Mauritania Railway

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Mauritania Railway
Map Mauritania Railway.png
Map of Mauritania Railway
Overview
Coordinates21°21′18″N 13°00′46″W / 21.354867°N 13.012644°W / 21.354867; -13.012644Coordinates: 21°21′18″N 13°00′46″W / 21.354867°N 13.012644°W / 21.354867; -13.012644
Technical
Line length704 km (437 mi)
Track gauge1,435 mm (4 ft 8 12 in) standard gauge
Route map
0 km Cansado
0 km Nouadhibou
96 km Boulenoir
222 km Agueijit
255 km Inal
318 km Tmeimitschatt
393 km Ben Amira
460 km Choum
Choum Tunnel (Disused)
Western Sahara/Mauritania Border
Western Sahara/Mauritania Border
485 km Char
568 km Tuadschil
625 km Fderîck
650 km Zouérat
670 km Guelb El Rhein mine
700 km M'Haoudat mine

The Mauritania Railway is the national railway of Mauritania. Opened in 1963,[1] it consists of a single, 704-kilometre (437 mi) railway line linking the iron mining centre of Zouerate with the port of Nouadhibou, via Fderik and Choum. The state agency Société Nationale Industrielle et Minière (National Mining and Industrial Company, SNIM) controls the railway line.

Since the closure of the Choum Tunnel, a 5 km (3.1 mi) section of the railway cuts through the Polisario Front-controlled part of the Western Sahara (21°21′18″N 13°00′46″W / 21.354867°N 13.012644°W / 21.354867; -13.012644).

History[edit]

Traffic[edit]

Mauritania Railway train at the station in Nouadhibou

Trains on the railway are up to 2.5 kilometres (1.6 mi) in length,[2] making them among the longest and heaviest in the world. They consist of 3 or 4 diesel-electric EMD locomotives, 200 to 210 cars each carrying up to 84 tons of iron ore, and 2-3 service cars. The total traffic averages 16.6 million tons per year.

Passengers are also occasionally transported by train; these services are managed by an SNIM subsidiary, the société d'Assainissement, de Travaux, de Transport et de Maintenance (abb. ATTM).[3] Passenger cars are sometimes attached to freight trains, but more often passengers simply ride atop the ore hopper cars freely. Passengers include locals, merchants, and rarely some tourists.[4] Conditions for these passengers are incredibly harsh with daytime temperatures exceeding 40°C and death from falls being common.[5]

In January 2019, the railway resumed tourism after a ten year hiatus; part of the track ran through a forbidden tourist area. One of the stops on the tourist route is an iron mine. The tourist route is typically operated by a locomotive carrying two passenger carriages. [6]

Locomotives[edit]

In October 2010, SNIM ordered six EMD SD-70ACS locomotives, with special modifications for operating in high temperatures.[7]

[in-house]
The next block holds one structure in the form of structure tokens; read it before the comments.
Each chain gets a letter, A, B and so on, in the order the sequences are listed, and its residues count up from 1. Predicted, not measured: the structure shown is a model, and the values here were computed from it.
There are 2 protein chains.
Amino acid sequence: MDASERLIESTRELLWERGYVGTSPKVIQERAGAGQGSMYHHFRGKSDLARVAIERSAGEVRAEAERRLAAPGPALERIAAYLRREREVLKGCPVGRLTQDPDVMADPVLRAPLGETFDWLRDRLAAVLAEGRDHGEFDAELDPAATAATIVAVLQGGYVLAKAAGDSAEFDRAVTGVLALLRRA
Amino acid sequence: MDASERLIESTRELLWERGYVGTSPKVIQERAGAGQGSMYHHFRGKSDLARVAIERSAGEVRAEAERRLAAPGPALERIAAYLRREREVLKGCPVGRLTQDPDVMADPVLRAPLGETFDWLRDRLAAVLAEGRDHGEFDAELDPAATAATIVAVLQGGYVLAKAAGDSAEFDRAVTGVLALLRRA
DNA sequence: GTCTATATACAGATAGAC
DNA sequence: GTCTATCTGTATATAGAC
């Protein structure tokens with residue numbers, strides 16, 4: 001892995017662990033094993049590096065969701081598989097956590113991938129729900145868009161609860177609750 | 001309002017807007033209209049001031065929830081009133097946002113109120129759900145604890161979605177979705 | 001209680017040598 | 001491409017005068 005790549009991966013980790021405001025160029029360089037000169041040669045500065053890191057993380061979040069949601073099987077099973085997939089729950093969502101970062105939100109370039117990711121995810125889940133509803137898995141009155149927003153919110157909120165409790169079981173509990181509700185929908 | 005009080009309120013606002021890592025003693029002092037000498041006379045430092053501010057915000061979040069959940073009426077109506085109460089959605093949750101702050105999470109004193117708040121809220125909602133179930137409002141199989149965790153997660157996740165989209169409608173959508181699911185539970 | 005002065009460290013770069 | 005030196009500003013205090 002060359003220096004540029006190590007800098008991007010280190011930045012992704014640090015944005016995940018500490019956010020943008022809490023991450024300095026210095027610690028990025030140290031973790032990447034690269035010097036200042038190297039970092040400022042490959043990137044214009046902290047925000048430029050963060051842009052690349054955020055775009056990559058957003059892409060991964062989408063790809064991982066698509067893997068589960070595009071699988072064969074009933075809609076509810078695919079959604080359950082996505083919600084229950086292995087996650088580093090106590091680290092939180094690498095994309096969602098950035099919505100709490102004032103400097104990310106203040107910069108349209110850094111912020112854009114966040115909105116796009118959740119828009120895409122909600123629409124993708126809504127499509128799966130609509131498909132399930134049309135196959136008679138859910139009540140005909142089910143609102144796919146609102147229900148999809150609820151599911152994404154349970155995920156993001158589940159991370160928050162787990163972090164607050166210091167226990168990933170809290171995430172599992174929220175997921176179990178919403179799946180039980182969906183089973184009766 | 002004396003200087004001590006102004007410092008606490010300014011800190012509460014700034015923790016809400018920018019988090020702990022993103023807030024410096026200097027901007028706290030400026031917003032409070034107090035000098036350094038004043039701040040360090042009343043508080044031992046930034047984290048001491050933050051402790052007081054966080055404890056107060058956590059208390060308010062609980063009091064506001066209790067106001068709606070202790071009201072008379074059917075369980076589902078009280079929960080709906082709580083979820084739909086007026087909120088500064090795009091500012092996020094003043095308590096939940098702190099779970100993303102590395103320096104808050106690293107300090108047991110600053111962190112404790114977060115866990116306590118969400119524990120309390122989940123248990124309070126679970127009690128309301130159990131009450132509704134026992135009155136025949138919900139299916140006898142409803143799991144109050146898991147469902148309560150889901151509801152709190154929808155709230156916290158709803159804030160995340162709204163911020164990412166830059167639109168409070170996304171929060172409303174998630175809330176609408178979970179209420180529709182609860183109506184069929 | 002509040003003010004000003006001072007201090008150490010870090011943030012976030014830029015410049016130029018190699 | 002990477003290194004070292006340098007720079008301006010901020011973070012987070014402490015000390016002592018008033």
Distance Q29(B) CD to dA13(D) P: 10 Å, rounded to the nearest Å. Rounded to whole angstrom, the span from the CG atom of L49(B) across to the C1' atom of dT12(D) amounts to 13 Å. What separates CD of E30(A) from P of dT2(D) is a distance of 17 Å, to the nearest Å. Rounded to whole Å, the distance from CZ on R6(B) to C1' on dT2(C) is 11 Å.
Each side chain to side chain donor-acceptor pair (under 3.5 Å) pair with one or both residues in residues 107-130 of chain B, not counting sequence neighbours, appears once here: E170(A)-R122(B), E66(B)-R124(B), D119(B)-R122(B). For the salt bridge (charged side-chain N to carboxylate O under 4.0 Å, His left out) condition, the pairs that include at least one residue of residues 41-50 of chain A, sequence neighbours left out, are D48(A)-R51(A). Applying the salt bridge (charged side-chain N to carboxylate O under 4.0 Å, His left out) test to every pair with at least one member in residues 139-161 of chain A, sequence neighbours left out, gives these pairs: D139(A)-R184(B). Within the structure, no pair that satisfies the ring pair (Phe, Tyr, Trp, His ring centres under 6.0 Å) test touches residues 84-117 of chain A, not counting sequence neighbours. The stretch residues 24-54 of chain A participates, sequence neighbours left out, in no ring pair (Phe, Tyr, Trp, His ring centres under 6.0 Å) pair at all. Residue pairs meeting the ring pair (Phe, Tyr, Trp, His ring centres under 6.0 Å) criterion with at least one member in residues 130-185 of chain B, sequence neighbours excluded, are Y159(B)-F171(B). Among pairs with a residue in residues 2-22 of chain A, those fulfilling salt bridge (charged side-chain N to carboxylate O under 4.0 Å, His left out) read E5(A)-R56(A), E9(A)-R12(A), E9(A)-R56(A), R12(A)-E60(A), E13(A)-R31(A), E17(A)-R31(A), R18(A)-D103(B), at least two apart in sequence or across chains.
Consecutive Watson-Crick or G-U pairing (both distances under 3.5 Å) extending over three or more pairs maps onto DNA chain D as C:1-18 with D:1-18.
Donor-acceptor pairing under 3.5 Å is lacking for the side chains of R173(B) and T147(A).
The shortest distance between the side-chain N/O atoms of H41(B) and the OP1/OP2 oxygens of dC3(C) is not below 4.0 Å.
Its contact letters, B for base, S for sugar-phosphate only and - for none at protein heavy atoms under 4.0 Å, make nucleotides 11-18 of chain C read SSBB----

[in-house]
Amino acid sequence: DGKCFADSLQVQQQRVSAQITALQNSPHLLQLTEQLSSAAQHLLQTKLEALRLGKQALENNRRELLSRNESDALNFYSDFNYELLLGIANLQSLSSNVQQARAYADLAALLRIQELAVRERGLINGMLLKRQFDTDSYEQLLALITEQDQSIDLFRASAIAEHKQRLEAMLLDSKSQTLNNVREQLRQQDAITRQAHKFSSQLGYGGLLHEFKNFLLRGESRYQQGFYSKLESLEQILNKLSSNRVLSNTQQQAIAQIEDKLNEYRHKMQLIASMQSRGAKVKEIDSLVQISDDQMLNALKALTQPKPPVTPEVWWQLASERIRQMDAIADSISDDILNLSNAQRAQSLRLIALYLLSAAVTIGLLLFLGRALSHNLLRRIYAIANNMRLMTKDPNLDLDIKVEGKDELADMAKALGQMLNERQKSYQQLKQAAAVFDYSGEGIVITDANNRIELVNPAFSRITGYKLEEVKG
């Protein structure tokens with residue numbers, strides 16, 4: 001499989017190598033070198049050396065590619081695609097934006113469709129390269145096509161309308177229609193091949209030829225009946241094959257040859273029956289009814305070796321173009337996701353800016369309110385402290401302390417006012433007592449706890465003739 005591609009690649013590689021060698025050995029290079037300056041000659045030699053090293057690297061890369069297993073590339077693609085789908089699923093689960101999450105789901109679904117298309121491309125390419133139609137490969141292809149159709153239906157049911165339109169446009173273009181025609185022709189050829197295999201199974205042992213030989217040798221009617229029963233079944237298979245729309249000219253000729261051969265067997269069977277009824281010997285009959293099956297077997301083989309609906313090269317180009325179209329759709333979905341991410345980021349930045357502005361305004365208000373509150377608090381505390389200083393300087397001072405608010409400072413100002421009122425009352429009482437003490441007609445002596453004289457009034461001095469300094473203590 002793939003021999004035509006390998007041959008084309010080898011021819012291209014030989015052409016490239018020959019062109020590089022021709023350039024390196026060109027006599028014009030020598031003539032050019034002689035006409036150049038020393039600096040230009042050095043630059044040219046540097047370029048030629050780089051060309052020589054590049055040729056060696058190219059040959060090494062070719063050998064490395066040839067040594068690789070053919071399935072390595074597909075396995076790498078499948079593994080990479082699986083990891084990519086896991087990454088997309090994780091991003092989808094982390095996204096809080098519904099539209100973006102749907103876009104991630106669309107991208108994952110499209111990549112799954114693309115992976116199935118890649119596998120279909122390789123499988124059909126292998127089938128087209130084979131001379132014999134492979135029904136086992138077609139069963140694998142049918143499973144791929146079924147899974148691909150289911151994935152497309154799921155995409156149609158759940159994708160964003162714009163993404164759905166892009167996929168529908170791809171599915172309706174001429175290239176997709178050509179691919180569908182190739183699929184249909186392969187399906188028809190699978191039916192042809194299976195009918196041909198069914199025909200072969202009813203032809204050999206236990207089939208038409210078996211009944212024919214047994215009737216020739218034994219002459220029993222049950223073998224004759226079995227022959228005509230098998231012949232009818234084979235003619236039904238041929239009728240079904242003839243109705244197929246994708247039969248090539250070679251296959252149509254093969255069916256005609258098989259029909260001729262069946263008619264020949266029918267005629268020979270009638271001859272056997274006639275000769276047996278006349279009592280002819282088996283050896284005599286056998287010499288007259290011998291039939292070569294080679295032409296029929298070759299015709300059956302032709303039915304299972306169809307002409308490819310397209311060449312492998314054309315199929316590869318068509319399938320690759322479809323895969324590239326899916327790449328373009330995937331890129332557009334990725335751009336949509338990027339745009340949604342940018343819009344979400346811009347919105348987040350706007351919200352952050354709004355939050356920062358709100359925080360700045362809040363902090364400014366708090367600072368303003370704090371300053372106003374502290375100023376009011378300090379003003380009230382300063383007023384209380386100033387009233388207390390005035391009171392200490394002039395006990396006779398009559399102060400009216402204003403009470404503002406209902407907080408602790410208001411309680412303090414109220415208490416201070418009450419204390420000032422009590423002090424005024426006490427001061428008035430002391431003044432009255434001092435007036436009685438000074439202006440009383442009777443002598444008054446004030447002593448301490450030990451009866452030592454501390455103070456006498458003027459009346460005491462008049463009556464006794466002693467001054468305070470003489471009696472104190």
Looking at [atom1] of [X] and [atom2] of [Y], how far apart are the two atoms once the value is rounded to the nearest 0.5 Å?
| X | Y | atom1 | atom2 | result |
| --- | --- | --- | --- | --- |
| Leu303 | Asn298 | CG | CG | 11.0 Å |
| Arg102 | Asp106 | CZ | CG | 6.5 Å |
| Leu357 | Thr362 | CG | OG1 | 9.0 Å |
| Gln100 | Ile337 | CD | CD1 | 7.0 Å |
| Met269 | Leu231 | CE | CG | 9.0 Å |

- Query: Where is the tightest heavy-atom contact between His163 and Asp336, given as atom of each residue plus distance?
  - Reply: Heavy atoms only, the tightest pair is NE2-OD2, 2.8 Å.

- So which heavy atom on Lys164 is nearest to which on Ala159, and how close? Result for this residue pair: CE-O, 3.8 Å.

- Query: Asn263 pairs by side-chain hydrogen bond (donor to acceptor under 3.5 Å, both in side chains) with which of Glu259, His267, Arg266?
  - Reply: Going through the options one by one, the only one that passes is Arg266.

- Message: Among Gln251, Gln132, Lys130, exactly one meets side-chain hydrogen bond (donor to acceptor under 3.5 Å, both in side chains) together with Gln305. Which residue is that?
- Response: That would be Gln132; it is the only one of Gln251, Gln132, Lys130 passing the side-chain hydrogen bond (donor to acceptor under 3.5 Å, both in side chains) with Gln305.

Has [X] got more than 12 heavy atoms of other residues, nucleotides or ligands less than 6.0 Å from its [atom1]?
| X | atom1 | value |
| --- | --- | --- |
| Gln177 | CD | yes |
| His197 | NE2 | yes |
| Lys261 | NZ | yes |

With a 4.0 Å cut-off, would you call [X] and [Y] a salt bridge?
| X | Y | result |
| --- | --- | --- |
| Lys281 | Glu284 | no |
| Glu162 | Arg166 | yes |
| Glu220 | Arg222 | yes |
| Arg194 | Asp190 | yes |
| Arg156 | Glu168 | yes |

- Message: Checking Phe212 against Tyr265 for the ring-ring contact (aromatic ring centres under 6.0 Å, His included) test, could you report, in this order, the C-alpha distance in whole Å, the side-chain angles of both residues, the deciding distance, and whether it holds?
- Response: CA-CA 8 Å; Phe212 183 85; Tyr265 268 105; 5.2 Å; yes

Glencore Xstrata[edit]

In 2014, the mining company Glencore paid $1 billion for 18 years of access to SNIM's rail and port infrastructure, which would be connected to branch lines to new iron mines at Askaf and Guelb El Aouj. The deal would have saved the company the cost of constructing their own tracks and facilities.[8] However, Glencore backed out of the project just one year later after the price of iron ore tumbled nearly 40%.[9][10]

See also[edit]

References[edit]

Notes[edit]

  1. ^ "Mauritania, a Nation of Moorish Nomads, Suddenly Finds Herself in 20th Century". The New York Times. January 20, 1964. last June, the 20th century elbowed its way into this Biblical picture
  2. ^ "The ore train". Société Nationale Industrielle et Minière. Archived from the original on September 19, 2008. Retrieved December 17, 2008.
  3. ^ http://www.attm.mr/index.php/entreprise/presentation
  4. ^ "The Best Train Journey in the World - Riding the Iron Ore Train, Mauritania". One Step 4Ward. 2016-02-29. Retrieved 2019-01-18.
  5. ^ https://www.youtube.com/watch?v=OiRD3GcjmKk&t=521s
  6. ^ "Desert train of Mauritania running again after 10 years". www.euronews.com. Retrieved 2019-01-18.
  7. ^ "Railway Gazette: High temperature locomotives ordered from EMD". Retrieved 2010-10-30.
  8. ^ http://www.railpage.com.au/f-t11332401.htm (registration required)
  9. ^ Ker, Peter (11 March 2015). "Glencore abandons Mauritania iron ore project after $US1bn investment". The Sydney Morning Herald. Retrieved 20 December 2018.
  10. ^ "The price of iron ore over time". Market Index. Retrieved 31 May 2019.

Further reading[edit]

  • Robinson, Neil (2009). World Rail Atlas and Historical Summary. Volume 7: North, East and Central Africa. Barnsley, UK: World Rail Atlas Ltd. ISBN 978-954-92184-3-5.

External links[edit]